In terms of phonology, vocabulary and grammar, the "Chinese" (Mandarin) taught during most of the 20th century in the Philippines in many older Chinese Filipino schools was often the Taiwanese variety (known in Mandarin simplified Chinese: 华语; traditional Chinese: 華語; pinyin: Huáyǔ; Zhuyin Fuhao: ㄏㄨㄚˊ ㄩˇ and in Hokkien Chinese: 國語; Pe̍h-ōe-jī: kok-gí) of Standard Chinese, using traditional Chinese characters and the Zhuyin phonetic system (known in many older Chinese Filipino schools in Hokkien Chinese: 國音; Pe̍h-ōe-jī: kok-im), which was also often taught using Amoy Hokkien Chinese as medium of instruction due to the majority of Chinese Filipinos in Chinese Filipino schools being of Hokkien descent and historic ties to southern Fujian. This was in due part as a result of the direct control formerly provided to the Republic of China's (ROC) Ministry of Education over Chinese schools throughout the archipelago after World War II when the Third Republic of the Philippines and the ROC signed the Sino-Philippine Treaty of Amity. As a result of the Chinese Civil War, the ROC soon retreated to Taiwan, where it rules today. Such situation continued until 1973, when amendments made during the Marcos era to the Philippine Constitution effectively transferred all Chinese schools to the authority of the Department of Education of the Philippines. With this, the medium of instruction for teaching Standard Chinese (Mandarin) in Chinese classes shifted from Amoy Hokkien Chinese to purely Mandarin Chinese (or in some schools to English). Teaching hours relegated to Chinese language and arts, which featured prominently in the pre-1973 Chinese schools, were reduced. Lessons in Chinese geography and history, which were previously subjects in their own right, were integrated with the Chinese language subjects, whereas the teaching of Filipino (Tagalog) and Philippine history, civics and culture became new required subjects. As a result of longstanding influence from the ROC Ministry of Education of the Overseas Chinese Affairs Council of the Republic of China (Taiwan) extending from when the Republic of China was still on mainland China since the early 1900s up to 2000, many Chinese Filipino schools still continued to use dictionaries and books from Taiwan. In recent decades around the early 2000s,[when?] many schools started to shift to using simplified Chinese characters and the Pinyin phonetic system instead, which were introduced from China and Singapore, where books and teaching materials from mainland China, Singapore, and Malaysia started to be used and taught. Today, many Chinese Filipino schools now currently teach Chinese (Mandarin) in simplified characters with the Pinyin system, modeled after those in China and Singapore, though some older schools still teach both or either of the systems, where a few still remain teaching solely in traditional Chinese characters and the Zhuyin phonetic system. Chinese (Mandarin) newspapers in the Philippines, such as World News, United Daily News, Chinese Commercial News, and many others still mostly use traditional Chinese characters in writing. Due to the selection by the founders and sponsors of different Chinese schools, many schools now either teach using simplified Chinese characters only, traditional Chinese characters only, or a mixture of both.[9] Many Chinese Filipino schools either use pinyin and/or bopomofo (zhuyin fuhao) to teach the language.[4]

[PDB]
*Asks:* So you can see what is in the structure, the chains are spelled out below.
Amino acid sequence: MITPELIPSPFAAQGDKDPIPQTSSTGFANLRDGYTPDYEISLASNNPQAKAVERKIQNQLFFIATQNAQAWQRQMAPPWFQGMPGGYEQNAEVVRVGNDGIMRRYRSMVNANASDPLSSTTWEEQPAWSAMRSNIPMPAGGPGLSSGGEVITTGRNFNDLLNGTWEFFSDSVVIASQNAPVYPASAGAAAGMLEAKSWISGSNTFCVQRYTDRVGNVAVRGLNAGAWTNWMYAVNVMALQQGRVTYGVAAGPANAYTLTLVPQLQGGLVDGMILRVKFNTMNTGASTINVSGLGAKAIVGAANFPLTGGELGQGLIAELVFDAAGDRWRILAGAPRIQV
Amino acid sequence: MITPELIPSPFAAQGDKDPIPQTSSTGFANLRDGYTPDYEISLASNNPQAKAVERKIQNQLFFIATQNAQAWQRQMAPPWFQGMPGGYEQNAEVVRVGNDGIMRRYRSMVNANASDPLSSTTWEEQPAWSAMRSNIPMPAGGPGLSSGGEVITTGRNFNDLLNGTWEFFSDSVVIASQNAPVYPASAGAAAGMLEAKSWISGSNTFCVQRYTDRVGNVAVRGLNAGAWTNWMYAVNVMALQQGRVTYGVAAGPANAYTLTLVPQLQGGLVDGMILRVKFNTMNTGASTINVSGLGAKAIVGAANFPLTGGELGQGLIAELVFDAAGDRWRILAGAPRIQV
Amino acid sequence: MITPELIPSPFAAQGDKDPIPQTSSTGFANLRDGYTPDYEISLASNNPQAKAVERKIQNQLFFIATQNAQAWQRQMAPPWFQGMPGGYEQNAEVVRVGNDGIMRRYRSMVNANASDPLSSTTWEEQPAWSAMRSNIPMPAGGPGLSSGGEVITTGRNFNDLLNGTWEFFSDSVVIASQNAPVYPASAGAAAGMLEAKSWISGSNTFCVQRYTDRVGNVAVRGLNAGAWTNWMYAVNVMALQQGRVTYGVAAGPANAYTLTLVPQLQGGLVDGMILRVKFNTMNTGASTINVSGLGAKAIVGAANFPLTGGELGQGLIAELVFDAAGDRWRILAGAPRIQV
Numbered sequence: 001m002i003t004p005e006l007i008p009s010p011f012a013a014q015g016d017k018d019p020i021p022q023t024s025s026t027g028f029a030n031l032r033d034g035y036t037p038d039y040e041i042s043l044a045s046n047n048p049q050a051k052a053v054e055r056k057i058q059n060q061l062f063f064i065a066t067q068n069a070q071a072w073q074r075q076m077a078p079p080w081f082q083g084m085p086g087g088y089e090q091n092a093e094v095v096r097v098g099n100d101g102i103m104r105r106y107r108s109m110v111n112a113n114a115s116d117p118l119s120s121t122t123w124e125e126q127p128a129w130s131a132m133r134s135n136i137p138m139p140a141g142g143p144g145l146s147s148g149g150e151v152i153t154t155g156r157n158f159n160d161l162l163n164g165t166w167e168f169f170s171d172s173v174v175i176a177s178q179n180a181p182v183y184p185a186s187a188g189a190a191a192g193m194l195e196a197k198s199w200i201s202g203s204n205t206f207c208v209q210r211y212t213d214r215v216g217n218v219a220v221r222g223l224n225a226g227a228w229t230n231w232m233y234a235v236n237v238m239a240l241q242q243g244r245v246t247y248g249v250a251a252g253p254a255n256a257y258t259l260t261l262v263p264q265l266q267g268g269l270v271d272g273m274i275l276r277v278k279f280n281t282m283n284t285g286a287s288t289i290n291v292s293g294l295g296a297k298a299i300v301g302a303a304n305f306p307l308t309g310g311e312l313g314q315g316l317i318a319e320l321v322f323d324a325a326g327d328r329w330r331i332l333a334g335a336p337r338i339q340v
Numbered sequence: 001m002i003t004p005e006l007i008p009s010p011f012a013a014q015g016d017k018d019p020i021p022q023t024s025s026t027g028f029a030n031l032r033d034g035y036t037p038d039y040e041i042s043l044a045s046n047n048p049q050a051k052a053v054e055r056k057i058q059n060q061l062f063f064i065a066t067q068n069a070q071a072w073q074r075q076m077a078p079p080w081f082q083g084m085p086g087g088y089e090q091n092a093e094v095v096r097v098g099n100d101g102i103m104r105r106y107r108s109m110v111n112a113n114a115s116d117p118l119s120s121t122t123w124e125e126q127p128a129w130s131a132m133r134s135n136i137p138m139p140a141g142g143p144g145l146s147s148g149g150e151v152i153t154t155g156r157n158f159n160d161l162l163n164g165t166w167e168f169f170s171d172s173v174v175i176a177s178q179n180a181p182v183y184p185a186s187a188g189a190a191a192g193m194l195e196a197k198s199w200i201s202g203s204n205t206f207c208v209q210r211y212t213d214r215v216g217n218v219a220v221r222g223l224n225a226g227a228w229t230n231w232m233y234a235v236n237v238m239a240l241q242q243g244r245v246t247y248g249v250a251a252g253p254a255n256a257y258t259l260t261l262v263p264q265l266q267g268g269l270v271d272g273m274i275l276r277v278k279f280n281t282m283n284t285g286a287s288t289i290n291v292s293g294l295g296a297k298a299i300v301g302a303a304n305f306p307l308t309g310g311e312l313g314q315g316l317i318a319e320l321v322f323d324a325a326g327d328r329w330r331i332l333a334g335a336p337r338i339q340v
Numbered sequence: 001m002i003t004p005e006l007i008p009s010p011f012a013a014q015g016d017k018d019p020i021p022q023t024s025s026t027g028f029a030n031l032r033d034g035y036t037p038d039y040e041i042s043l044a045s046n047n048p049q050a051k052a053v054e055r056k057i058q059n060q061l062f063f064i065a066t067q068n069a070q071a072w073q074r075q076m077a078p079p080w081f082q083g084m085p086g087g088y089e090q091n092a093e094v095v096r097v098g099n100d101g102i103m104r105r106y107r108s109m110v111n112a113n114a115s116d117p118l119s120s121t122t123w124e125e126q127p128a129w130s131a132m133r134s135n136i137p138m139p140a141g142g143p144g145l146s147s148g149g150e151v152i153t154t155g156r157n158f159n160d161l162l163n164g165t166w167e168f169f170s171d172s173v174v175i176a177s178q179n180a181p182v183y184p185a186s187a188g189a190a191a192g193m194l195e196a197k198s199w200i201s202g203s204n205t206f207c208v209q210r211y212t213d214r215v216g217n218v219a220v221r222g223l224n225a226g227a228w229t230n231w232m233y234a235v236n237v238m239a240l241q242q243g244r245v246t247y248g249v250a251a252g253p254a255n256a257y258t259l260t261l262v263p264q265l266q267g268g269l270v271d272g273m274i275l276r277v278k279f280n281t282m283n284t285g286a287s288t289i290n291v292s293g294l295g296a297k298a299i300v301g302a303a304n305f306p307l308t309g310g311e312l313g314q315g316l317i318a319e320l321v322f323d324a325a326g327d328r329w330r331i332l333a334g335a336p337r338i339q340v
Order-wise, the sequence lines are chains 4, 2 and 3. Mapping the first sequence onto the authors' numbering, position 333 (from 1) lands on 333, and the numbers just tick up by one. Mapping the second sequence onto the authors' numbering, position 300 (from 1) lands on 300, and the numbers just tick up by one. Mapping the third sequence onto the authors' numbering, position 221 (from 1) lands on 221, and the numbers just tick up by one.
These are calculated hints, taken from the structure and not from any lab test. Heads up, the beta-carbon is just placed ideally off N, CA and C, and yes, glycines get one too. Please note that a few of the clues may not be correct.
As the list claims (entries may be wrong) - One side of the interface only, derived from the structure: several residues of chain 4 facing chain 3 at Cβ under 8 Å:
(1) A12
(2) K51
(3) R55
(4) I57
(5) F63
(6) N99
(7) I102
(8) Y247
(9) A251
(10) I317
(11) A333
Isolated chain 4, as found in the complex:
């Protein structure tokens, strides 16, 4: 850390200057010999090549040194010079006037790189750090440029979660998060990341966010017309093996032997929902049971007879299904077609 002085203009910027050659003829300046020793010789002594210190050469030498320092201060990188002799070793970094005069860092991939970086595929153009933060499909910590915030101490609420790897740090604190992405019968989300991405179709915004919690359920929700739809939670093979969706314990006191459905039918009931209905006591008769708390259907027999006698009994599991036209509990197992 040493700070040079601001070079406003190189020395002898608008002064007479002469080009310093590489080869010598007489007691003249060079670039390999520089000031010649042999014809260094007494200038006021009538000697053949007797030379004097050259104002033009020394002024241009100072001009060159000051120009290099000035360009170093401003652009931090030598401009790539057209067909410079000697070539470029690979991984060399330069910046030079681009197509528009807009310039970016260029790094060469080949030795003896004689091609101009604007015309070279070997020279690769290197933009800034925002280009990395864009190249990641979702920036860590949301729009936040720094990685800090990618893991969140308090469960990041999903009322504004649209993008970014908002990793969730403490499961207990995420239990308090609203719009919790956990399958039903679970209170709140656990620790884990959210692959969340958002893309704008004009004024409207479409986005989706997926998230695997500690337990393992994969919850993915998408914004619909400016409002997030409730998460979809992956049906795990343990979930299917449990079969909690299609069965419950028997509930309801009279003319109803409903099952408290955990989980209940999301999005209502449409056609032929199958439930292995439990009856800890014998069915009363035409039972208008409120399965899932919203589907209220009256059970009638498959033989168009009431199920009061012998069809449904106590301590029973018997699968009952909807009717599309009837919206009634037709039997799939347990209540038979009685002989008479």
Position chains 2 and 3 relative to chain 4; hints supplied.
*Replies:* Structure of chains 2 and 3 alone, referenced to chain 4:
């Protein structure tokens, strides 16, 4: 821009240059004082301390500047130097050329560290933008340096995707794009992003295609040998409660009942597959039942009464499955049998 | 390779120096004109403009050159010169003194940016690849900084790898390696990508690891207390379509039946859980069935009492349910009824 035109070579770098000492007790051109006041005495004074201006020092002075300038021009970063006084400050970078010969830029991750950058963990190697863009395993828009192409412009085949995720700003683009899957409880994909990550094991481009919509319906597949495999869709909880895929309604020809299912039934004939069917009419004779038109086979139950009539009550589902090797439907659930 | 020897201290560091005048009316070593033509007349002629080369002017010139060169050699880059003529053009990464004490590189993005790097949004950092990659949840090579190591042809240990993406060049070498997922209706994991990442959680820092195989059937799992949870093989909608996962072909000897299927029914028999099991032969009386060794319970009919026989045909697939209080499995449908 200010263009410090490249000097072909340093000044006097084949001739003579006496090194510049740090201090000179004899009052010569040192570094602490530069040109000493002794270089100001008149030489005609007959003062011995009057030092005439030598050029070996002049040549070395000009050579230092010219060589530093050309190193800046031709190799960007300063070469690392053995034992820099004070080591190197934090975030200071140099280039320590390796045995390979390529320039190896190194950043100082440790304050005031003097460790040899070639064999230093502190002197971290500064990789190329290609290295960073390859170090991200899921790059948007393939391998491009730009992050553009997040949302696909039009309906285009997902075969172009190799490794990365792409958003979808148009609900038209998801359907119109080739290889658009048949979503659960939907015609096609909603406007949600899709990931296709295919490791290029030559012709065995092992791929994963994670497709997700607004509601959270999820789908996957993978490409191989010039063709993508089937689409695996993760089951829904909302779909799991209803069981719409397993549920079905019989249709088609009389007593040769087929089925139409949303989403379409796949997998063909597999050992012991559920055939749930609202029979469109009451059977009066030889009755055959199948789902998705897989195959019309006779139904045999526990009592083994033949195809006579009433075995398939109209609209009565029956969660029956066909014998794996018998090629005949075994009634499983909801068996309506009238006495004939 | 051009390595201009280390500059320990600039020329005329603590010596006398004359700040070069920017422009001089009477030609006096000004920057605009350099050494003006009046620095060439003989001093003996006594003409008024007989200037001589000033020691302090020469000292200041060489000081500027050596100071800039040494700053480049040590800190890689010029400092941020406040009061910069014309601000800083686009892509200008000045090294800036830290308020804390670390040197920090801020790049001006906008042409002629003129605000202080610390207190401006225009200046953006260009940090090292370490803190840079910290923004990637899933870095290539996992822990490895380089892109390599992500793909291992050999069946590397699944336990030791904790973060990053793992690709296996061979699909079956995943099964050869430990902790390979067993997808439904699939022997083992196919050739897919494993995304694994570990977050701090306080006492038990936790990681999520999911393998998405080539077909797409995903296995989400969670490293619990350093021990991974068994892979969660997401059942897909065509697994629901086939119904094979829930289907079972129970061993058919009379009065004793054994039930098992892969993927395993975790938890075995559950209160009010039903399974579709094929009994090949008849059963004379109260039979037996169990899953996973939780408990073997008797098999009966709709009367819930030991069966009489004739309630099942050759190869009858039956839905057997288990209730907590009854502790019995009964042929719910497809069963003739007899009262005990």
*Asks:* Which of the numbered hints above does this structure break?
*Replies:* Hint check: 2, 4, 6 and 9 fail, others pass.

Chinese Filipino schools often use the first language approach, which assumes that students of Chinese Filipino schools have had native experience of Mandarin, despite the contrary.[4]

See also


  1. ^ simplified Chinese: 华语; traditional Chinese: 華語; pinyin: Huáyǔ; Wade–Giles: Hua2-yü3; Zhuyin Fuhao: ㄏㄨㄚˊ ㄩˇ
  2. ^ commonly known as just "Chinese" (referring to Standard Chinese) in the Philippines[1][2][3]


  1. ^ Chua, Yvonne T. (May 6, 2007). "The Chinese-language press: Marching to the beat of history". Center for Media Freedom and Responsibility. Retrieved August 21, 2013.
  2. ^ Go, Josiah (April 17, 2017). "Chinese education redefined". Philippine Daily Inquirer. Retrieved November 22, 2021.
  3. ^ "MASTER IN TEACHING CHINESE AS A FOREIGN LANGUAGE PROGRAM". Ateneo Confucius Institute. 2021. Retrieved November 22, 2021.
  4. ^ a b c d e f g h Palanca, Ellen H. (2002). "A Comparative Study of Chinese Education in the Philippines and Malaysia*" (PDF). Asian Studies. 38 (2): 1 – via Asian Studies: Journal of Critical Perspectives on Asia.
  5. ^ "DepEd, Confucius Institute Headquarters ink agreement on upskilling teachers". Department of Education, Republic of the Philippines. Pasig City. December 12, 2019.
  6. ^ Aguilar, Krissy (May 7, 2019). "Philippines, China to enhance education, cultural exchange for Filipino teachers". Philippine Daily Inquirer.
  7. ^ "List of Chinese schools (华校一览)". Philippine Chinese Education Research Center (菲律賓華教中心). Retrieved Oct 4, 2021.
  8. ^ McCarthy, Charles F., ed. (1974). Philippine-Chinese profiles: essays and studies. Pagkakaisa sa Pag-Unlad.
  9. ^ Yang, Shimin (2014). Written at Science and Technology College, Jiangxi Normal University. "Several Thoughts on Current Chinese Education in the Philippines" (PDF). Nanchang, China: Atlantis Press. p. 197.